The past year has brought multiple crises – from the continued murder of Black people by law enforcement, to the direct and collateral harms of COVID-19, to systematic efforts to restrict the fundamental right to vote, and more.
Thanks to ACLU supporters like you, we stood ready to face these crises – and we are ready for whatever comes next.
For the rest of this month, we invite you to tune in as we share some of our accomplishments from the past year. While we achieved many successes in 2020, much work remains before we can consider South Carolina a state where We the People means everyone. Thank you for being part of this work.
The first accomplishment we are highlighting is our community’s creating the Charleston People’s Budget Coalition. This Coalition includes a diverse set of Charleston-based organizations working to establish an equitable city budget, eliminate poverty and racial disparities, and shift power to create true accountability with city officials. Read more about this work:
The Charleston People’s Budget Coalition
Almost one third of residents in the City of Charleston face shelter poverty, where high housing costs force people to forgo other basic needs. Pedestrians and cyclists face one of the highest fatality rates in the country. People in need of mental health or substance use treatment cannot access services in large part because enough services do not exist. Gentrification is pushing communities of color out of our once diverse city at lightening speed.
In the City of Charleston and across the country, basic community services such as housing, education, and violence prevention programs are drastically underfunded. These are the very institutions that help build stable, safe, and healthy while communities. On the other hand, the amount of money spent on law enforcement has ballooned over the past 40 years despite a nationwide drop in violent crime.
In 2020, the City of Charleston allocated $53 million, approximately 22% of its total budget, to policing, funding the Charleston Police Department at a rate of $341.41 per capita. Comparatively, the City allocated just $6.03 per capita to Housing and Community Development, $3.33 to Resilience and Emergency Management, and $1.63 to the Mayor’s Office for Children, Youth and Families.
Contrary to public narrative, these disparate budget numbers do not translate to increased safety for City of Charleston residents. Since 2015, there have been more arrests in Charleston for marijuana possession than there have been for all violent offenses combined. Additionally, shocking divides exist between how these laws are enforced by race, with Black people being arrested for marijuana possession at 6.25x the rate of white people during the first half of 2020.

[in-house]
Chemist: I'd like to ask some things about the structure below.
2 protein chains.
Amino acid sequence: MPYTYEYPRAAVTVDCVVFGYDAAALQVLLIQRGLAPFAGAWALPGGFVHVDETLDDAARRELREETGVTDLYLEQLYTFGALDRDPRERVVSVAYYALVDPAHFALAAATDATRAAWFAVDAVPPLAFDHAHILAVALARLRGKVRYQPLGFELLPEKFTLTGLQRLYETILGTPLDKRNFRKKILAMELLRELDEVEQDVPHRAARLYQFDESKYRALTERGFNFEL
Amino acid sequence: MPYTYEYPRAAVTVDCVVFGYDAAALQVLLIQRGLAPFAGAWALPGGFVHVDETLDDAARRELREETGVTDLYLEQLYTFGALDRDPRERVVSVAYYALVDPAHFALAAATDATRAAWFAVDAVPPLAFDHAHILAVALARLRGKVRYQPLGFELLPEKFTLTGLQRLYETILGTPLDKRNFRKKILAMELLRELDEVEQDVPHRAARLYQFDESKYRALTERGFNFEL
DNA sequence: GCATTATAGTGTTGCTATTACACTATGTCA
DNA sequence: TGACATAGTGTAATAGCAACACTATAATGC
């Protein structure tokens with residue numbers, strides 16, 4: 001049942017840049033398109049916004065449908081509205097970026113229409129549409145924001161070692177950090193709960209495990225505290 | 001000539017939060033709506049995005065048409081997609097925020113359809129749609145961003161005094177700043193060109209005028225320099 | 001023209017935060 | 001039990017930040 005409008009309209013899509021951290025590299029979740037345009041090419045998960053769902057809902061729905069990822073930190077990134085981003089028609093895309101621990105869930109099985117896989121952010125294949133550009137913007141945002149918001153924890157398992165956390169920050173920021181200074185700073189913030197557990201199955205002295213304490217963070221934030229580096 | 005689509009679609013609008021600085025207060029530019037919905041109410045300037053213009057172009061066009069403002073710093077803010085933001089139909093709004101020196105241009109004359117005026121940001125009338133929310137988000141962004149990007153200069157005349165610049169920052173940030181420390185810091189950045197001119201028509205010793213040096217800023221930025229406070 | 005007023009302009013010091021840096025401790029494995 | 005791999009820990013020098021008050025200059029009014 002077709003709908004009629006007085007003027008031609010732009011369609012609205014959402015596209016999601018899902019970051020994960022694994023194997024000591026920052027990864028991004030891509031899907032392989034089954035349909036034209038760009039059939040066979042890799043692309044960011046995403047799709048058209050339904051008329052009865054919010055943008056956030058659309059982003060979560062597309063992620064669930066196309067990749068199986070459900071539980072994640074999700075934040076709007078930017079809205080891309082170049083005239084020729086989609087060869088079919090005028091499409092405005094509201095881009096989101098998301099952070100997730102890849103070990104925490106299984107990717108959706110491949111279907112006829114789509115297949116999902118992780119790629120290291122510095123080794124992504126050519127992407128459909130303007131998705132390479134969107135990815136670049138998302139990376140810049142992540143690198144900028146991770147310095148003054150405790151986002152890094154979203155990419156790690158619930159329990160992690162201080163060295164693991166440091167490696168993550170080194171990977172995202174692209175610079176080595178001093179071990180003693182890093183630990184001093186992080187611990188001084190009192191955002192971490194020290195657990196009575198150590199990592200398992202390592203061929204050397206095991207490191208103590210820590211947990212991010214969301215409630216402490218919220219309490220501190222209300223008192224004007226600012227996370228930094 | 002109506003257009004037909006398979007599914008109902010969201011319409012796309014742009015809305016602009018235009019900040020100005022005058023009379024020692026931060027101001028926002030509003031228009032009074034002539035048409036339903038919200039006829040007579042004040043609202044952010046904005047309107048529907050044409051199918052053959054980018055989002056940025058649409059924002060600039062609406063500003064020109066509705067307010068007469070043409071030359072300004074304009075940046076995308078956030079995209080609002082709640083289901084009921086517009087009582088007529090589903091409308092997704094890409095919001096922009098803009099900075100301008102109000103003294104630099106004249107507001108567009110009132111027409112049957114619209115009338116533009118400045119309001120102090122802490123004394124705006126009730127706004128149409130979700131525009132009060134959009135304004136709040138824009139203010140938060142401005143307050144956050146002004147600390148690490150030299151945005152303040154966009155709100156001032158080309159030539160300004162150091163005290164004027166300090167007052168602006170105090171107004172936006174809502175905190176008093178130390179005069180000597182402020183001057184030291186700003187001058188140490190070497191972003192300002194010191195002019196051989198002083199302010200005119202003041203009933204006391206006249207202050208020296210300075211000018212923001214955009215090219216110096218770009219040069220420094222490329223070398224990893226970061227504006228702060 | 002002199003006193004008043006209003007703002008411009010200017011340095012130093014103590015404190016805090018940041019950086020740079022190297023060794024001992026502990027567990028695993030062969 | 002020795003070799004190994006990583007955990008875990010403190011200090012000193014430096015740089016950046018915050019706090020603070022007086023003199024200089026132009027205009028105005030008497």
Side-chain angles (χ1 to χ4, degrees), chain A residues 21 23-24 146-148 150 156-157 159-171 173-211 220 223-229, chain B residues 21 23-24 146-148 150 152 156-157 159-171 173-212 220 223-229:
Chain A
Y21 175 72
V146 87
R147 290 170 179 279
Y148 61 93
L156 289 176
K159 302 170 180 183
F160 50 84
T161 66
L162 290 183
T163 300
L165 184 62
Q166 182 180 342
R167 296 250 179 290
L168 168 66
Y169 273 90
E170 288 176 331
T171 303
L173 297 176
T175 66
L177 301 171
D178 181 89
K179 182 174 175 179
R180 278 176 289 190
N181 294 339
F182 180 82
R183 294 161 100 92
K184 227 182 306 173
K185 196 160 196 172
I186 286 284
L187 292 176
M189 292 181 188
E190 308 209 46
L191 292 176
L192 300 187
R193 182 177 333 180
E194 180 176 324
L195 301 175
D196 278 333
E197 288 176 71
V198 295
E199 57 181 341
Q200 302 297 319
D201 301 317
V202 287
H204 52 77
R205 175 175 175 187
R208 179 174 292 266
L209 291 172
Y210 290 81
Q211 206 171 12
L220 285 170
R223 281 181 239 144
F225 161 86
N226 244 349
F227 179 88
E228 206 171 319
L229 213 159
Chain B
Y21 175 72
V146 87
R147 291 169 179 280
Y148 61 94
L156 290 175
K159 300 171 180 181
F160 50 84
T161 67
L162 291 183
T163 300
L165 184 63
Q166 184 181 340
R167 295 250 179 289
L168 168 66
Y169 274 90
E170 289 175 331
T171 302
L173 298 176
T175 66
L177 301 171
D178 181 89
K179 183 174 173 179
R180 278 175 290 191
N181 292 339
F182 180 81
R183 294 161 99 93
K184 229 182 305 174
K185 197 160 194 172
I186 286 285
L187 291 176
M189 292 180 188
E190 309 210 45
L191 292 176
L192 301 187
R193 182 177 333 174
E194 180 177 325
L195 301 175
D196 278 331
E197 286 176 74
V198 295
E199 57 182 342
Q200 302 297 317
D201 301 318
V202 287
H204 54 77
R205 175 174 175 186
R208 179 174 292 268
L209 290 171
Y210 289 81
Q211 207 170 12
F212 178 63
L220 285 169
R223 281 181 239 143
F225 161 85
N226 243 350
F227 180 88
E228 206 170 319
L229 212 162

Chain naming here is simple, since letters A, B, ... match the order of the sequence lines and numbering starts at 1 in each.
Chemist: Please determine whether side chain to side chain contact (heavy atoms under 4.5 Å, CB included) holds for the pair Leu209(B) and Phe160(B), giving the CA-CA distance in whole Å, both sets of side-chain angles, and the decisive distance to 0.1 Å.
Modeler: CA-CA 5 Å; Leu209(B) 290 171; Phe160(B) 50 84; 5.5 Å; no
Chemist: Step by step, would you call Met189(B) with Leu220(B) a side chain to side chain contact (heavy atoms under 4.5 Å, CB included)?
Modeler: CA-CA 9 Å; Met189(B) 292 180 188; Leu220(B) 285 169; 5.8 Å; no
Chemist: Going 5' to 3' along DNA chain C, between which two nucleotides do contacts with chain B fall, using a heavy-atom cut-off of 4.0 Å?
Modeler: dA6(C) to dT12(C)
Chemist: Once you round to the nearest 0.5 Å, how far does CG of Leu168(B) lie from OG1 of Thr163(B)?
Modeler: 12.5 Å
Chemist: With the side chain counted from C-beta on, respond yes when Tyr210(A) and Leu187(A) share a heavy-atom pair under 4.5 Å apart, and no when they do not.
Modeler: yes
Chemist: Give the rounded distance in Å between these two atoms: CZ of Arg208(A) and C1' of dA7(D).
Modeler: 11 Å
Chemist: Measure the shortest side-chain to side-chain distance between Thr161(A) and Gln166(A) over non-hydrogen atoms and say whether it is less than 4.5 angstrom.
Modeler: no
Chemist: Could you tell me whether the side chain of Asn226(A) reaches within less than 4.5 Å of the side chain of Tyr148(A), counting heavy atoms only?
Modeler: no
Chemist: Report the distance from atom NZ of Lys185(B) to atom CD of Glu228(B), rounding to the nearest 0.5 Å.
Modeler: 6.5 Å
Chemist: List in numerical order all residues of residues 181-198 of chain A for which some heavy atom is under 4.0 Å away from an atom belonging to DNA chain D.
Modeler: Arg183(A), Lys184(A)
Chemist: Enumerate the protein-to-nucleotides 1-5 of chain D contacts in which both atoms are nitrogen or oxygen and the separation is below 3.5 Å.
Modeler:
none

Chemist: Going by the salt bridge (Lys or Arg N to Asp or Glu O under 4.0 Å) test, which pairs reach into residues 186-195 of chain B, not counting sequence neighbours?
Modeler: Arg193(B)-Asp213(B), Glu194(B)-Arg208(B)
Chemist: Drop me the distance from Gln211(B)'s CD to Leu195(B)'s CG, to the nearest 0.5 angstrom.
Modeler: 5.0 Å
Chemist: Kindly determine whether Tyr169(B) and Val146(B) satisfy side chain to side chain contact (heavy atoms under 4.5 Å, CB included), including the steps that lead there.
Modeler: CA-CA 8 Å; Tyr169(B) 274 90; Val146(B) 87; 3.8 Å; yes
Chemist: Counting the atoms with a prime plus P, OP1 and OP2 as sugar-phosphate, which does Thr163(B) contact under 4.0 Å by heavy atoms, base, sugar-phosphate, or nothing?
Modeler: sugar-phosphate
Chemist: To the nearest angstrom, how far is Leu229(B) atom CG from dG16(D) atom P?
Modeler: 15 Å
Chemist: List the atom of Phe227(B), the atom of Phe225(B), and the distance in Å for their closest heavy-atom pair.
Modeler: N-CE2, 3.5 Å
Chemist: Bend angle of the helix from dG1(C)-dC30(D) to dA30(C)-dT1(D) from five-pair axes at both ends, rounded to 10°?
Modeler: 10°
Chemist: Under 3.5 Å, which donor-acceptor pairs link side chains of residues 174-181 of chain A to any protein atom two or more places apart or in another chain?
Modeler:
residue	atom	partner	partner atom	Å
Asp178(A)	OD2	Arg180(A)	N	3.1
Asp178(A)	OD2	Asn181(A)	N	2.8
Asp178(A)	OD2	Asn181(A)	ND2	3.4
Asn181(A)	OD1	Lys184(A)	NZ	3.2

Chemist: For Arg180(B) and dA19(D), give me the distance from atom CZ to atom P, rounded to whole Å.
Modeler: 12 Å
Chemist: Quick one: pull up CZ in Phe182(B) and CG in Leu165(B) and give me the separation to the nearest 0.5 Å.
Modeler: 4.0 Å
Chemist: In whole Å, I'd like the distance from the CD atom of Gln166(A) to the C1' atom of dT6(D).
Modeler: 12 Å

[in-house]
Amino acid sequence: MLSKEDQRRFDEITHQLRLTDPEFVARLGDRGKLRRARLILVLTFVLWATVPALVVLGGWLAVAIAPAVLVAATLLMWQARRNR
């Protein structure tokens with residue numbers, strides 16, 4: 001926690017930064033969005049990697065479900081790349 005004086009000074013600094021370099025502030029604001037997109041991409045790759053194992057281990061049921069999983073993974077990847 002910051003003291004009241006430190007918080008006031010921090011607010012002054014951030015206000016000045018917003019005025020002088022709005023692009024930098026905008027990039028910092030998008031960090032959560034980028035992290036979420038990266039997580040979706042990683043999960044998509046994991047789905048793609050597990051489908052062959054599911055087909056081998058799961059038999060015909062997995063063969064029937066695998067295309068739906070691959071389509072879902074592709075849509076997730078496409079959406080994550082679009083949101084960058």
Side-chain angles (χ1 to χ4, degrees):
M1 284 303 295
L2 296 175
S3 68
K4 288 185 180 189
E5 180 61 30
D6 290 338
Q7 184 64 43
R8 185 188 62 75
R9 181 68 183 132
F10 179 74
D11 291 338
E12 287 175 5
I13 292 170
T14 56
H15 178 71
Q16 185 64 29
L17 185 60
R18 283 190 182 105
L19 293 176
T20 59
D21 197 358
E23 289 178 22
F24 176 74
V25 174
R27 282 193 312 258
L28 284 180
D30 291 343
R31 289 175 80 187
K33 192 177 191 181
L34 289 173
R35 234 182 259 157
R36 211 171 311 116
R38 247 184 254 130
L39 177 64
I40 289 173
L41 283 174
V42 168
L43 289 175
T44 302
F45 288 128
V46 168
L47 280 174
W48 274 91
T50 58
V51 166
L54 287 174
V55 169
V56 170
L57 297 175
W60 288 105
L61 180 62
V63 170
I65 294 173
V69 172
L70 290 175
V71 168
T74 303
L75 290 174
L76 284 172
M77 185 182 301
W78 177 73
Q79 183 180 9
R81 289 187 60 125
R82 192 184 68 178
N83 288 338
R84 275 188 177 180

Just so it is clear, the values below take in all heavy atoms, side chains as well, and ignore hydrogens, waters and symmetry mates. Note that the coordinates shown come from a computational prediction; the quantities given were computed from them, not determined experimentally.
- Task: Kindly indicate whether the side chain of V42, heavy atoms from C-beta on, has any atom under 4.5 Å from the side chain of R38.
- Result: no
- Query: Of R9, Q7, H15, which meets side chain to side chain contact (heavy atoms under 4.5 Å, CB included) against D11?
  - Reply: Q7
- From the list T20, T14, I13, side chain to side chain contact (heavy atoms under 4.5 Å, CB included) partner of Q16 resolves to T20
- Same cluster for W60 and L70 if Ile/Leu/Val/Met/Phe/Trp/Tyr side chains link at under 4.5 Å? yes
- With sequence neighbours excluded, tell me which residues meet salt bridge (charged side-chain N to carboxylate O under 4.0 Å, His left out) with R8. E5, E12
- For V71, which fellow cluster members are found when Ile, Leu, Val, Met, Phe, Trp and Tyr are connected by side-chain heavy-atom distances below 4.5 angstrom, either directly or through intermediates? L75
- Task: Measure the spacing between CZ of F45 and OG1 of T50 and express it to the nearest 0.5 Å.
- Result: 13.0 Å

This pattern of disproportionate enforcement of laws based on race is not limited to marijuana arrests. According to the police department’s own arrest data, since 2015, despite being only 26.3% of the population, Black people have made up:
- 69% of loitering charges
- 54% of charges for possession of drug paraphernalia
- 45% of disorderly conduct charges
- 80% of disturbing school charges among youth
In response to this crisis, a diverse coalition of Charleston-based organizations came together as the People’s Budget Coalition. This group’s mission is to establish an equitable city budget, eliminate poverty and racial disparities, and shift power to create true accountability with city officials. We are proud to join this coalition, along with other members including Black Liberation Fund, Charleston BLM, Charleston Black Pride, Charleston Democratic Socialists of America, Community First Land Trust, Lowcountry Action Committee, Lowcountry Alliance for Model Communities, Mika Gadsden- Charleston Activist Network, NAACP Charleston, and We Are Family.
Since our launch in mid-September, the People’s Budget Coalition has:
- Received coverage through organizations including the Post and Courier, Charleston City Paper, Live 5 News, Count On 2, and ABC 4 News
- Published a Civic Engagement Toolkit with the Black Liberation Fund
- Launched four social media campaigns to educate and mobilize our collective base to fight for a more equitable budget
- Hosted a public launch event of the coalition, reaching more than 800 community members
- Received a letter of support from 46 faculty members of the College of Charleston
- Organized around the city’s public budget hearing with six members speaking during the public comment period and 13 comments submitted for the official record.
Charleston can, and should, create true public safety by reinvesting in communities from which the city has divested and perpetuated centuries of harm against. This work starts, but does not end, in Charleston. We look forward to continuing this work across South Carolina, shifting funding, and ultimately power, to the people.